Summer 2010: #8
Winter 2010: #9
Using math to place Anton Lander properly into the top 20 is almost impossible. For pure skill players, we can assess based on numbers, and the other factors (size, speed, etc) are somewhat universal. You’re either fast or slow, tall or short, lean or stout. Anton Lander’s best asset is the approval of the hockey men who’ve seen him. For a blog that loves math to place him this high, there must be a lot of verbal flowing.
It’s an ocean.
The scouting reports on his draft day:
ISS: Lander is a two-way checking forward with excellent outside speed. He can make plays at full speed and controls the puck with a lot of confidence. A very unselfish player, Lander is always aware of where his teammates are and makes good crisp passes. He is a hard working forechecker, keeping his feet moving all the time. With a strong quick release wrist shot, he often uses d-men as a screen off the offensive rush. Lander drives the net hard with and without the puck and doesn’t quit on the puck until the whistle goes. Reliable and disciplined, he brings a consistent effort to the rink every game and always improves his team’s chances of winning a game. Will adapt and play any role given by coach.”
Elite Prospects: A very smart two-way player with excellent hockey sense. Lander reads the game well and makes mature decisions with and without the puck. Plays with some intensity, but his skating needs some improvement. Is a capable playmaker that protects the puck very well and usually comes out with the puck from the corners and along the boards. Defensively aware and with leadership skills.
The biggest endorsement I’ve seen for Lander on this side of the pond comes from Stu MacGregor after they took him:
“Very excited about Anton. He’s a player we look at as a potential second-line centre with for sure third-line ability. He’s a great faceoff man, competitive at both ends of the ice. Smart, captain of the Swedish under-18 team. All of our interviews with all of the Swedish players this past year, everybody spoke extremely high of him. Their leader was Anton Lander.”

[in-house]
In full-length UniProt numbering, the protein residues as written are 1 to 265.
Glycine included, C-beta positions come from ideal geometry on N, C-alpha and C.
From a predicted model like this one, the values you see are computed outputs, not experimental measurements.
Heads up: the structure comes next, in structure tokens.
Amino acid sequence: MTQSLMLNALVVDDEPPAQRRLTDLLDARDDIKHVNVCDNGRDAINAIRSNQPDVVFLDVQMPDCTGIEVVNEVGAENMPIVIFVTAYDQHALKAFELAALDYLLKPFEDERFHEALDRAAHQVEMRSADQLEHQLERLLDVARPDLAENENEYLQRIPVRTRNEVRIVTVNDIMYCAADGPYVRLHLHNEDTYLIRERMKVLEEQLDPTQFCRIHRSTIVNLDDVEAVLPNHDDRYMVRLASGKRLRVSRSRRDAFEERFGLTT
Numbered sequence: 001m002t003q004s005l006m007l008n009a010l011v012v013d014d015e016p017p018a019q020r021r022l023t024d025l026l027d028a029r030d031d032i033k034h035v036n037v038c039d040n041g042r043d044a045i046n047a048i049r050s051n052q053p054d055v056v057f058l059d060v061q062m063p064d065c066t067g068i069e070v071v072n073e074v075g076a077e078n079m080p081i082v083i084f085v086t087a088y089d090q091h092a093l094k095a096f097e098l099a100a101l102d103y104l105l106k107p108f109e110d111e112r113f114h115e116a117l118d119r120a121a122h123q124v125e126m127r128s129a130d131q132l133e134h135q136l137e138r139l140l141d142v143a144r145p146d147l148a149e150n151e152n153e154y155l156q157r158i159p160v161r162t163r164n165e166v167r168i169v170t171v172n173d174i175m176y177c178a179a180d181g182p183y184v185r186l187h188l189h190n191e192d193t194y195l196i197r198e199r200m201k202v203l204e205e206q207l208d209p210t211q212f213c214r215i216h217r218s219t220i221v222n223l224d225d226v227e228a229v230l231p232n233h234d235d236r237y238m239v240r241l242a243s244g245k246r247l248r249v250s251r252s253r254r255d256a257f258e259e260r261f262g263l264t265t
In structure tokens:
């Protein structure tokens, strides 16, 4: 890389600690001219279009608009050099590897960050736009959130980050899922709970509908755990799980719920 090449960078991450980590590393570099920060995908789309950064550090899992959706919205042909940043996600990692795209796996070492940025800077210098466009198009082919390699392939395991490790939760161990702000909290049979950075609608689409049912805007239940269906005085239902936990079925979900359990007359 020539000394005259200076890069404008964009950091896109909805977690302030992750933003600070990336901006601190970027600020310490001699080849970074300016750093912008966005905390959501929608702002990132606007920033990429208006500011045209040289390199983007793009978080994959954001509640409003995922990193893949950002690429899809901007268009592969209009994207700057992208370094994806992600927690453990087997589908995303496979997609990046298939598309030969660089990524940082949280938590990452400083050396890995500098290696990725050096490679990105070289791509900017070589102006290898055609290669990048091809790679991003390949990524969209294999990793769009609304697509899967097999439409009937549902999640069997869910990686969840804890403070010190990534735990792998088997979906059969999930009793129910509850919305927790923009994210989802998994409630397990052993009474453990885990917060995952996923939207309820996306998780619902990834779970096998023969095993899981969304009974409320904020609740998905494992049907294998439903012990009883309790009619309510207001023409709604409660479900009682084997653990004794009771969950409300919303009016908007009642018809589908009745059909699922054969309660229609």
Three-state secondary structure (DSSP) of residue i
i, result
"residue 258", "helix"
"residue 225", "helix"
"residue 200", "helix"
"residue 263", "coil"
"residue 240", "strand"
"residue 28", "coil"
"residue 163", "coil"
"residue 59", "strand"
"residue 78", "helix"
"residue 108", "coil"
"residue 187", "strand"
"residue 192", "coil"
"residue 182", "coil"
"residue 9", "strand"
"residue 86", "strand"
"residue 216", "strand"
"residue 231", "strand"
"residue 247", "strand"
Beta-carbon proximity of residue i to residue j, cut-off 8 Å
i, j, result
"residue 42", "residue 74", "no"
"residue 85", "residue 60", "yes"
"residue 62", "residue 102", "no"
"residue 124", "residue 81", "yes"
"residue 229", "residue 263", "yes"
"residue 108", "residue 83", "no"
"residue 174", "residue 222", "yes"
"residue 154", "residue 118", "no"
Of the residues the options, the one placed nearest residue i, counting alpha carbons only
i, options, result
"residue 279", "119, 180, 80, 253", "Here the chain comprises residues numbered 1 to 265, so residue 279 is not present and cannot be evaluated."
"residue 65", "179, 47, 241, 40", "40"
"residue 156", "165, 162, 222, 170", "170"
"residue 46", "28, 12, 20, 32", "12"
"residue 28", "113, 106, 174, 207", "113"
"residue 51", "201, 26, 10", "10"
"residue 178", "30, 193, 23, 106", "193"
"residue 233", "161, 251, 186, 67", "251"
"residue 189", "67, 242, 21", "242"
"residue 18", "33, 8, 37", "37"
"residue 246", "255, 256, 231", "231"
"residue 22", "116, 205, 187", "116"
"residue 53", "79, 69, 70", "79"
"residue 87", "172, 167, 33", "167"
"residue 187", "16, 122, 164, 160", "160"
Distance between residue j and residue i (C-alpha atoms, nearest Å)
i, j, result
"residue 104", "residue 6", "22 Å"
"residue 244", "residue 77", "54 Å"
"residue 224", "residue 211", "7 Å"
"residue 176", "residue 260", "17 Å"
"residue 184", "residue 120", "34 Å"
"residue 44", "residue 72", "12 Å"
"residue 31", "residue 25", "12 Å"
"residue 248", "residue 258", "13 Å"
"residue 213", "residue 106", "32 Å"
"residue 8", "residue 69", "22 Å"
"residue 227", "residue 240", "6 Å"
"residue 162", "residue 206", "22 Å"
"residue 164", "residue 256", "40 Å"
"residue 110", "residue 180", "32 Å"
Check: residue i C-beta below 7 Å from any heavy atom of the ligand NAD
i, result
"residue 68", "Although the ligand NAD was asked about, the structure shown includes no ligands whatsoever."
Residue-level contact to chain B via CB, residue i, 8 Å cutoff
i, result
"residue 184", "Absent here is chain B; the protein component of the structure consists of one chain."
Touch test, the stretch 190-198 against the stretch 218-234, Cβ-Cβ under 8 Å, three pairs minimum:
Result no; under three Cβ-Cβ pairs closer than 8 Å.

I’m at a point where I’d eat tofu if MBS told me to (he MUST know what he’s talking about!) so this comment counts a lot in assessing Lander’s overall skills.
Anton Lander’s scouting reports suggest his skill set lends itself to a defensive role in the NHL. The question we have to ask is “will be bring enough offense?” Early returns this year are extremely encouraging:
- (Age 17) 47gp, 4-6-10 (.213) -2 40.28FO%
- (Age 18) 49gp, 7-9-16 (.327) -2 47.32FO%
- (Age 19) 26gp, 6-6-12 (.462) +1 46.63FO%
That’s some nice progress there. Desjardins’ NHLE suggests his current season would be about 82gp, 15-15-30. That’s a nice offensive season for a strong checking forward. His TOI totals imply he plays a lot of minutes, though (18:10 so far this season) so that may be a little aggressive.
Lander’s press clippings are ridiculous. Seriously. The Swedes are just choosing their world junior team and this article has some beauty quotes:
- Coach Roger Ronnberg: “We have such a cool mix of different types of players on the forward side. Anton Lander is an incredibly important players. He is a great leader, and leads both Timra and national team.”
I don’t really have a strong math story for Anton Lander. His NHLE’s suggest he’ll deliver enough offense to be a solid 3rd line NHL center and the Swedes love him (both coaches and press). Unless they’re lying to us, he looks like an excellent prospect.
I go back to Doug Jarvis. These kids (checkers) rarely show themselves as checkers this early on, and Jarvis was one of them. I’m not suggesting Lander will be Jarvis (a faceoff machine and extremely durable) but there’s something happening here and math doesn’t know what it is. If he ends up being what the scouting reports imply (heavy minutes checker who is a little shy offensively for minutes played but can win faceoffs and shutdown the toughs) then Samuel Pahlsson is his doppelganger.
Lander ranks #9 based on the glowing reports. We wait.